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I've been calculating receiver operating characteristic (ROC) curves on very large datasets for my thesis. I tried to run these in the pROC R package but the compute time was very long with large datasets. I resolved this issue by using the ROCR R package instead. These packages appear to calculate the AUROC differently:

  • On data inputs of increasing size ($n$), the compute time of pROC increases $n^2$.
  • On data inputs of increasing size ($n$), the compute time of ROCR increases linearly with respect to $n$.

It has also not escaped my notice that these packages can get different estimates for AUC: Differences in AUC calculation in R between pROC and AUC

What is the difference in how the AUROC is calculated and should I be concerned that ROCR may be less accurate?

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  • $\begingroup$ Add the self-study tag. $\endgroup$ – Michael R. Chernick Mar 24 '17 at 11:35
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    $\begingroup$ Sorry, I don't see the relevance. This concern arose while conducting my PhD research (in the life sciences), it is not a textbook question AFAIK. $\endgroup$ – Tom Kelly Mar 24 '17 at 11:57
  • $\begingroup$ I guess you meant "ROCR increases linearly"...? $\endgroup$ – Calimo Mar 24 '17 at 13:33
  • $\begingroup$ @MichaelChernick: Please read stats.stackexchange.com/questions/tagged/self-study, & take care to advise people to add the self-study tag only when their question fits the description given there. $\endgroup$ – Scortchi - Reinstate Monica Mar 25 '17 at 21:40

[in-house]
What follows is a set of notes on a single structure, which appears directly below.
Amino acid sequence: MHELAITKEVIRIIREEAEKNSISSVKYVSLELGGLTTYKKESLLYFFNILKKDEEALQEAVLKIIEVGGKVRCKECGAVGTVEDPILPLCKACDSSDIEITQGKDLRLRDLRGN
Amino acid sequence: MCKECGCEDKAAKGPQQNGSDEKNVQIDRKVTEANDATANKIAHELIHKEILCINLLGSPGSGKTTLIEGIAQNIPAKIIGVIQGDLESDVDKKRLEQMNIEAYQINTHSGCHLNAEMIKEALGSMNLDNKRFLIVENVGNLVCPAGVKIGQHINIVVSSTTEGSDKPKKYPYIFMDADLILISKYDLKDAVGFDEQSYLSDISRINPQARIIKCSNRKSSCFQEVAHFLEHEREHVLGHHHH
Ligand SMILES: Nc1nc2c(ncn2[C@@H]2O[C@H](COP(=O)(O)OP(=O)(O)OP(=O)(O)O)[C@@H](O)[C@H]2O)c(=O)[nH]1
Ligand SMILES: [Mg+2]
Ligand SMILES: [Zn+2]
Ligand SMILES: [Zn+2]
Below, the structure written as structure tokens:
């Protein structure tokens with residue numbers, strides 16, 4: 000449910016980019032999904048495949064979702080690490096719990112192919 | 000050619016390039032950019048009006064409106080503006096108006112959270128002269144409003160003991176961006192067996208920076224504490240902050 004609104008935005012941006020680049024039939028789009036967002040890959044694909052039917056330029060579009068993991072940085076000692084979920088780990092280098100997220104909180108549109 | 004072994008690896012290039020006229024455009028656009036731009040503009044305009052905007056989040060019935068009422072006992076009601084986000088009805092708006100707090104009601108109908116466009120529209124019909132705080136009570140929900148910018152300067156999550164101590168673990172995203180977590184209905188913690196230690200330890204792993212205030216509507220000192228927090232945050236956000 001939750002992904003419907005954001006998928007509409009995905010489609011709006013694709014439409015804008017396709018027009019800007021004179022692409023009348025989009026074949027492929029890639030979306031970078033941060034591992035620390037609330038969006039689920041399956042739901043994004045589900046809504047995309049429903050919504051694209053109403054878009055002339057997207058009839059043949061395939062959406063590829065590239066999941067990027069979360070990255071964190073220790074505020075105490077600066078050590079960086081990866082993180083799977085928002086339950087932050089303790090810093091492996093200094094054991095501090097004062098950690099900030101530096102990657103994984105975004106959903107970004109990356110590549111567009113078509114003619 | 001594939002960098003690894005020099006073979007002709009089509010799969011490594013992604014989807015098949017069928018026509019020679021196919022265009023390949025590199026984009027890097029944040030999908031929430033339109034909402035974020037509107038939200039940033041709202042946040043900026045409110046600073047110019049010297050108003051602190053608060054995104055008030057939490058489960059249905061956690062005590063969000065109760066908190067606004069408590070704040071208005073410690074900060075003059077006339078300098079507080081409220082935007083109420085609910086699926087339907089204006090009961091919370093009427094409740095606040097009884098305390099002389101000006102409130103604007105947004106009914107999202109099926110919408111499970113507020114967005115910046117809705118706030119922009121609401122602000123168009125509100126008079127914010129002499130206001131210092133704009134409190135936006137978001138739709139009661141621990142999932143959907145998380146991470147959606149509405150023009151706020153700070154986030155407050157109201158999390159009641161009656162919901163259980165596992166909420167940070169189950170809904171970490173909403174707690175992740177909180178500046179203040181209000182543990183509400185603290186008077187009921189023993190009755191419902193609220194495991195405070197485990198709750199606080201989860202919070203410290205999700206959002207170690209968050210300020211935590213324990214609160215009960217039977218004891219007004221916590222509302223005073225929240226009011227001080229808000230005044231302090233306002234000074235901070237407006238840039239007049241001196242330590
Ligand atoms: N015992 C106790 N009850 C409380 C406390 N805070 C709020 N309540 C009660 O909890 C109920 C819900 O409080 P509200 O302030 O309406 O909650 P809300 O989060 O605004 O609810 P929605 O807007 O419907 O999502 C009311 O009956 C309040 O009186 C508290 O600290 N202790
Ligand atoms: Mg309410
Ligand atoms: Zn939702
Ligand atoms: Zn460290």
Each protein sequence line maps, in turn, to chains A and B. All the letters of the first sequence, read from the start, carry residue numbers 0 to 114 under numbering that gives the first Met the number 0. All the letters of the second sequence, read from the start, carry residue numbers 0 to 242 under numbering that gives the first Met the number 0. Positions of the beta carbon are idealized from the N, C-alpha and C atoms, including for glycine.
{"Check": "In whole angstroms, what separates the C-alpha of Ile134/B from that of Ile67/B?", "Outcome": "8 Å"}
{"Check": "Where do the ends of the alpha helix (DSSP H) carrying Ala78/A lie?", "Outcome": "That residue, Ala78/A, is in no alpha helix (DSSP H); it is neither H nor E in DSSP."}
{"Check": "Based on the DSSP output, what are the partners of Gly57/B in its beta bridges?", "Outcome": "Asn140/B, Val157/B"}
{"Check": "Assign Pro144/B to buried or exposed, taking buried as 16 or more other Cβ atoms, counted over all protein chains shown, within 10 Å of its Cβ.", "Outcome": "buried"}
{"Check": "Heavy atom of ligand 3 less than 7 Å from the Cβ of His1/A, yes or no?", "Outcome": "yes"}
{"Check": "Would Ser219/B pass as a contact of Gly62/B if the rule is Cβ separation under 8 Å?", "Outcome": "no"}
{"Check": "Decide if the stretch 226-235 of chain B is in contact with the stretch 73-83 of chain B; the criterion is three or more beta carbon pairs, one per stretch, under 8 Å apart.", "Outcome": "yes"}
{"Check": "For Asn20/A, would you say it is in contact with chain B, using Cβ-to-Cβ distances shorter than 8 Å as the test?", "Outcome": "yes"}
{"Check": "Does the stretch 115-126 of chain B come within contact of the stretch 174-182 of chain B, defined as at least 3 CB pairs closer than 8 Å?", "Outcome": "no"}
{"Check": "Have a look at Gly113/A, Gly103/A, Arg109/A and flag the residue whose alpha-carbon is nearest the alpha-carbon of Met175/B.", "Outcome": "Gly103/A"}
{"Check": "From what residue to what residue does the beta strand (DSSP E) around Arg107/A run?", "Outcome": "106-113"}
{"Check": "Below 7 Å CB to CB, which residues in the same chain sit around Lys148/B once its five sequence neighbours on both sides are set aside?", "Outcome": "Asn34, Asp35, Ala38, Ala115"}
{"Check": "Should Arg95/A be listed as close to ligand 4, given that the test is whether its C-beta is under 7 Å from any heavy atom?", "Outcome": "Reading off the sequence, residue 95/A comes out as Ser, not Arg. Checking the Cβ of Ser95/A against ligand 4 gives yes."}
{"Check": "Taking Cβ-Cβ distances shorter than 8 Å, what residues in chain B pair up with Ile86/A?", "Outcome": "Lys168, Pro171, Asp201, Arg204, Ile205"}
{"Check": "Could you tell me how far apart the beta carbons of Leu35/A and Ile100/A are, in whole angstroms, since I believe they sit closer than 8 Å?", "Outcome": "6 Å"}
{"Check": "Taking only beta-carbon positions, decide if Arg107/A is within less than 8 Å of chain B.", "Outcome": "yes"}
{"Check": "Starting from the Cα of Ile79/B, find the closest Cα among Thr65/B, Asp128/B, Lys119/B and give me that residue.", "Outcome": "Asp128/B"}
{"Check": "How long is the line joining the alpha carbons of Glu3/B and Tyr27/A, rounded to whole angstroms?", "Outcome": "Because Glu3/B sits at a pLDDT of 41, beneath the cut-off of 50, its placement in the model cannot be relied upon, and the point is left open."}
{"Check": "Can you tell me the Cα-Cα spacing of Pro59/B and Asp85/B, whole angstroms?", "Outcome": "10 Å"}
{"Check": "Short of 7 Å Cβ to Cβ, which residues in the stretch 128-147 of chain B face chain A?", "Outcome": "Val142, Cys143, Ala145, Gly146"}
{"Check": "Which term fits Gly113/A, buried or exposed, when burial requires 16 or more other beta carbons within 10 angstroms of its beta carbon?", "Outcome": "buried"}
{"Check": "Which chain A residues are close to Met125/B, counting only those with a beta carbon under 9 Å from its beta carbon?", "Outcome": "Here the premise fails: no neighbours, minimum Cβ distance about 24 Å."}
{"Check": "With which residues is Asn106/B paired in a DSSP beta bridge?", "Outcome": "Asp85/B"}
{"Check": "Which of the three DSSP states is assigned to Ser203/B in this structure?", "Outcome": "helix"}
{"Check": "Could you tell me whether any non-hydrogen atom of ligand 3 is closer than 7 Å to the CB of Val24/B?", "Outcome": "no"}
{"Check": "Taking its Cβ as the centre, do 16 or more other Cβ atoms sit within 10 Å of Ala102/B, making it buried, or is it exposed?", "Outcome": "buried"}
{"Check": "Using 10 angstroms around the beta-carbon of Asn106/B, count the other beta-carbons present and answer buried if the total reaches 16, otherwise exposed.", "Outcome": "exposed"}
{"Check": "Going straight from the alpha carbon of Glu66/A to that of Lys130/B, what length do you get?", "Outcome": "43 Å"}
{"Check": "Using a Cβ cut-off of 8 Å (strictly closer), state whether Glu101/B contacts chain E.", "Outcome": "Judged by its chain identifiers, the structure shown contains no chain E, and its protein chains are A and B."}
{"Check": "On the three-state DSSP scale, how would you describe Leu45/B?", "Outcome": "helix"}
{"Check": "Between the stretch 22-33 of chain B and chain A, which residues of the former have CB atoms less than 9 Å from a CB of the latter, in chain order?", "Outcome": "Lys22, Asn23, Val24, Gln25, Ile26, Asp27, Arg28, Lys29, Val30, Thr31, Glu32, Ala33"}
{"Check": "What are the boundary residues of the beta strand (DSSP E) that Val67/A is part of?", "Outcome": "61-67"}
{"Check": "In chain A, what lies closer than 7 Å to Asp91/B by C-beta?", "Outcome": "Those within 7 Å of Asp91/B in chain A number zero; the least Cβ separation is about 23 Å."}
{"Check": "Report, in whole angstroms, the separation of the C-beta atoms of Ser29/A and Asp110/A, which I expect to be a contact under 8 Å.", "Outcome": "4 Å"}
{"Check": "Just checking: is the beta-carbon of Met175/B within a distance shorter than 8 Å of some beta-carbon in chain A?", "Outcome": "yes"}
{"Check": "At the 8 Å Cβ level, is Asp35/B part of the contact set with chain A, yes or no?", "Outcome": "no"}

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There are two different algorithms used here.

The naive approach is to list all the thresholds of the ROC curve (typically $O(N)$ with continuous variables), and calculate sensitivity and specificity on each of them (again $O(N)$). Because of the two $O(N)$, this has a worst-case of $O(N^2)$. But it can be surprisingly efficient when the predictor takes only a very few values. This is the approach taken by pROC by default.

The second approach is to realize that if you sort the predictions in increasing order, the true positives and false positives rates are the cummulative sums of the observations belonging to each class. This last step can be calculated in $O(N)$ and it is easy to get the specificity and sensitivity from that. This is what ROCR does.

Of course you need to sort the predictions first. By default, R uses shell sort which has a complexity of $O(N log N)$. In practice the sort operation is pretty much instantaneous at the N we're talking about (I guess we're below 1e9) and can be neglected, leaving an apparent $O(n)$.

These two algorithms are equally accurate, as I have just explained in the question you linked (I wasn't aware of this question earlier). I don't think it is necessary to repeat it here, except maybe to note that ROCR behaves in the same way as AUC.

Finally, you can note that pROC has an implementation of the second algorithm as well, that you can turn on with algorithm=2:

roc(..., algorithm = 2)
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